COVID-19 Pandemic May Negatively Impact Patients’ Ability to Access Care for Lung Cancer


A survey conducted by the LUNGevity Foundation determined that 96% of patients with lung cancer felt that they were concerned about the COVID-19 pandemic affecting their treatment.

Patients with lung cancer feel vulnerable and unprepared to navigate cancer care after shelter-in-place orders are lifted during the COVID-19 pandemic, according to study findings presented at the 2020 World Conference on Lung Cancer.

“It is important to be aware that the lung cancer community is facing the pandemic with greater urgency due to their higher risk with developing more severe cases of COVID-19,” said Jessica Selig, from the LUNGevity Foundation, during a press conference on these findings. “Lung cancer patients need to feel safe and secure when accessing their treatment.”

Researchers analyzed data to determine whether patients with lung cancer were prepared to navigate health care after shelter-in-place orders were lifted.

“In June (2020), assuming the immediacy of the lockdown was over, it was important to understand that the post-shelter-in-place, special needs and concerns of lung cancer patients,” said Selig during the press conference. “Despite fact that the world was opening back up, and things were opening back up, the risk for lung cancer patients, when it came to contracting COVID-19, was not decreasing.”

To do this, researchers deployed a rapid needs assessment survey to patients with lung cancer and caregivers of patients between June 10 and June 25, 2020.

“Despite the fact that this survey was conducted in the United States, the results of this study are global in nature and have implications for the rest of the world,” said Selig during the press conference.

Questions in the survey addressed patient worries about access to care for lung cancer, information needs and their preparedness to navigate care after orders to shelter in place were lifted.

Of the 302 participants who responded to the survey, 97% were patients with non-small cell lung cancer, 64% were younger than 66 years and 33% lived in COVID-19 hotspots. In addition, 30% had no evidence of disease and 61% were currently undergoing treatment.

Forty-six percent of participants reported interruptions in their care for lung cancer. Participants younger than 66 years old reported more difficulty in accessing care compared with those older than 66 years old (53% versus 34%).

The majority of participants — 96% — reported concerns about the COVID-19 pandemic affecting their cancer care, which was more prominent in participants younger than 66 and in those living in COVID-19 hotspots. This concern carried over into when shelter-in-place orders were lifted, as 45% of participants reported worrying about their access to care at that time. Participants with no evidence of disease were more worried about this access to care compared with those currently receiving treatment, which may be due to the fear of cancer recurrence, Selig noted.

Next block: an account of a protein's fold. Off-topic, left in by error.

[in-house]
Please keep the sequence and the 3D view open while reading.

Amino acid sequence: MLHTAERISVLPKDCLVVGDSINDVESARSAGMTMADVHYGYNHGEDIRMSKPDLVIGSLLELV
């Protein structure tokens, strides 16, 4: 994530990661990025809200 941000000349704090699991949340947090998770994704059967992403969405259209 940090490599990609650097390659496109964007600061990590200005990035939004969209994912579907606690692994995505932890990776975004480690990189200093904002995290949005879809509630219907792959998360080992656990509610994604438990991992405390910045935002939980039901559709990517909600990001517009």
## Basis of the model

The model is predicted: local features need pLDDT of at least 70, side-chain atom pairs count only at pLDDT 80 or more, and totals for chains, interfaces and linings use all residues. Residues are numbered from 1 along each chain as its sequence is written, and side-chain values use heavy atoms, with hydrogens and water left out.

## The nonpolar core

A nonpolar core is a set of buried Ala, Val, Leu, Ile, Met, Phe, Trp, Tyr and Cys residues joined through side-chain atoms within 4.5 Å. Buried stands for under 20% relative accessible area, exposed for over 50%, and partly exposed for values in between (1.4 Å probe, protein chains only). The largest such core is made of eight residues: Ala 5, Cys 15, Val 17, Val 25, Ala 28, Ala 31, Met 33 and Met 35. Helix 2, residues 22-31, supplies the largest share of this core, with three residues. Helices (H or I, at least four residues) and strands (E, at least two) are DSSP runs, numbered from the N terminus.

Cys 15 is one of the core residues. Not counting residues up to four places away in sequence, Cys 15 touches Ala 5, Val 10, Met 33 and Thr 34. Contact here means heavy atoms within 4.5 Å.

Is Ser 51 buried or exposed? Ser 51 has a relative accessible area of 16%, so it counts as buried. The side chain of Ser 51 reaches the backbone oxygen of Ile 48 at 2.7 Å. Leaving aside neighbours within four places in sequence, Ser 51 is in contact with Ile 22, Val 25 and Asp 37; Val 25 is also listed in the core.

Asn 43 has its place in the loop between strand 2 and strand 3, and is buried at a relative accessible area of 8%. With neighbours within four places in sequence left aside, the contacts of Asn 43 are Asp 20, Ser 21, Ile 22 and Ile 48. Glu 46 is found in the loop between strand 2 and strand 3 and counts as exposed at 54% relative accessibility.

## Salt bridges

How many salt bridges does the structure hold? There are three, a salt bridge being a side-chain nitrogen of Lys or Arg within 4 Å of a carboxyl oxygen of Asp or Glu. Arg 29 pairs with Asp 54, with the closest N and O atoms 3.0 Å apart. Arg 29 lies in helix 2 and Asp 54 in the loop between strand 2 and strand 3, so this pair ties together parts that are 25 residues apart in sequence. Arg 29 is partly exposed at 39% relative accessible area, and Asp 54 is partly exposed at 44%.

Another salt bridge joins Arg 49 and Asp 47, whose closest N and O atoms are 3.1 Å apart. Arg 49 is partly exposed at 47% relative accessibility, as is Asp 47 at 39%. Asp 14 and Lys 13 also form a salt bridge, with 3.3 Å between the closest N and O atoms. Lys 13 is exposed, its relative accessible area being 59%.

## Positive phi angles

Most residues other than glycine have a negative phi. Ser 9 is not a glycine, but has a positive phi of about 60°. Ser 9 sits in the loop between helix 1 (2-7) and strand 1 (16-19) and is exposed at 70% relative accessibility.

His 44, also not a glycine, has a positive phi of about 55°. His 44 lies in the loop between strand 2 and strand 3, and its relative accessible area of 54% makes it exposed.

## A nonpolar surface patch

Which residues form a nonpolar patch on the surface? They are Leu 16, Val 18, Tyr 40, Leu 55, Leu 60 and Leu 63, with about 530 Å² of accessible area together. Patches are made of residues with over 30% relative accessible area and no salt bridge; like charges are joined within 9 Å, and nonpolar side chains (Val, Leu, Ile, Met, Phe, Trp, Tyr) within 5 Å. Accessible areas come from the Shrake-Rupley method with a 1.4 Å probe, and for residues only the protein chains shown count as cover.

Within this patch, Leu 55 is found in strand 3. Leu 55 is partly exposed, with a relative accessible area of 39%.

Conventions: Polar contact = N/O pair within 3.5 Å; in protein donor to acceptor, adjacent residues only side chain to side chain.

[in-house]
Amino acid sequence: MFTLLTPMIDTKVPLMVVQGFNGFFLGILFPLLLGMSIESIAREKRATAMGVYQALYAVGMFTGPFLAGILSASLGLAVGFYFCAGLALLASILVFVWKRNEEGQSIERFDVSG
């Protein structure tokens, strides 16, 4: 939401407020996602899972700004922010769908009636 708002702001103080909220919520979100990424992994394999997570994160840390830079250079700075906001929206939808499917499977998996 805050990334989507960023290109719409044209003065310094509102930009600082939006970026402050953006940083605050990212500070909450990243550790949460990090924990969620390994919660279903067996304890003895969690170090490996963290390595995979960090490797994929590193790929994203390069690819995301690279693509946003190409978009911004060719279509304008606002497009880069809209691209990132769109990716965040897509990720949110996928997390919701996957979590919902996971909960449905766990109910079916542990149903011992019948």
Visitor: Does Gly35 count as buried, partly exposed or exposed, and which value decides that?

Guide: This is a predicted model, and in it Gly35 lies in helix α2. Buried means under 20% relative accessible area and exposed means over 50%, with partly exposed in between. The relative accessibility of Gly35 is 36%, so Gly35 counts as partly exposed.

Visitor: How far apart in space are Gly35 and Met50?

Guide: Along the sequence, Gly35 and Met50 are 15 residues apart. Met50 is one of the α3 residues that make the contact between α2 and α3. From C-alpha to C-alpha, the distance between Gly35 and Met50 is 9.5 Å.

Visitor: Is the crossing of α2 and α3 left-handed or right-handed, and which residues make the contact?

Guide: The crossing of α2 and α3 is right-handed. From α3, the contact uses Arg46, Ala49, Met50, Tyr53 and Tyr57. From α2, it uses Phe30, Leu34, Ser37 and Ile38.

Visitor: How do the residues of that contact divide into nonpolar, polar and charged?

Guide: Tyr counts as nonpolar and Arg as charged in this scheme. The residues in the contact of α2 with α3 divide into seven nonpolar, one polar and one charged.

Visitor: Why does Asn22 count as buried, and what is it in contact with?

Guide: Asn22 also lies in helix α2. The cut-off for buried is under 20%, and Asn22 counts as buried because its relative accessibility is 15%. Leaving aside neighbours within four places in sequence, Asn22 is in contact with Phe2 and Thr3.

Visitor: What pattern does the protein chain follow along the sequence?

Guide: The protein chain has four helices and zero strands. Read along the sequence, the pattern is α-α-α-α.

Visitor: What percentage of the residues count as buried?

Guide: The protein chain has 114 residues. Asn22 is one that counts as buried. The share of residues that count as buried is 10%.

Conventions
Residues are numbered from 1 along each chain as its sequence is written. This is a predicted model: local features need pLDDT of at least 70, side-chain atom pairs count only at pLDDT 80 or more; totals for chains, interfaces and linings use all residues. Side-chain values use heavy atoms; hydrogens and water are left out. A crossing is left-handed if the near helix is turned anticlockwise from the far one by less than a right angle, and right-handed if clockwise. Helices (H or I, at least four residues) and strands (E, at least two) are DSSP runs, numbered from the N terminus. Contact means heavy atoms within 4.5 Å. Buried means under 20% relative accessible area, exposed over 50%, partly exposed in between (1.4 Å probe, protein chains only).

Two-thirds of participants reported spending between one and four hours per week listening to or reading about information on COVID-19. Participants older than 66 years and those living in COVID-19 hotspots were more likely to report spending more than four hours per week looking for information on the virus and the pandemic. Information from patient advocacy groups or physicians was reported to be more reliable than information from the internet, which was considered the least reliable.

Participants who lived in COVID-19 hotspots or were receiving active treatment for lung cancer felt the least prepared about their lung cancer care plan in the era of post-shelter-in-place orders.

“COVID-19 is a big threat to the lung cancer community, given their high risk of more serious complications,” said Selig during the press conference. “As it stands now, patients (with lung cancer) are not prioritized when it comes to vaccinations. Therefore, LUNGevity believes that since patients are an incredibly vulnerable group, patients, particularly those residing in high caseload areas or COVID-19 hotspots, should be prioritized when it comes to vaccinations.”

Selig added that this survey was conducted before rates started to increase again and when vaccines were not authorized by the Food and Drug Administration for emergency use. “We also do need to keep in mind that this study was conducted in June of last year before we experienced greater spikes, more deaths and further complications from the fast-evolving pandemic,” Selig said.

“At this time, we did not ask participants in our survey about vaccines because this was back in June, and much has clearly happened since then when it comes to the pandemic. Therefore, it may be beneficial to re-survey this population, given that some of the concerns … would likely have only become worse given the progression of COVID-19 and the current state of the pandemic.”

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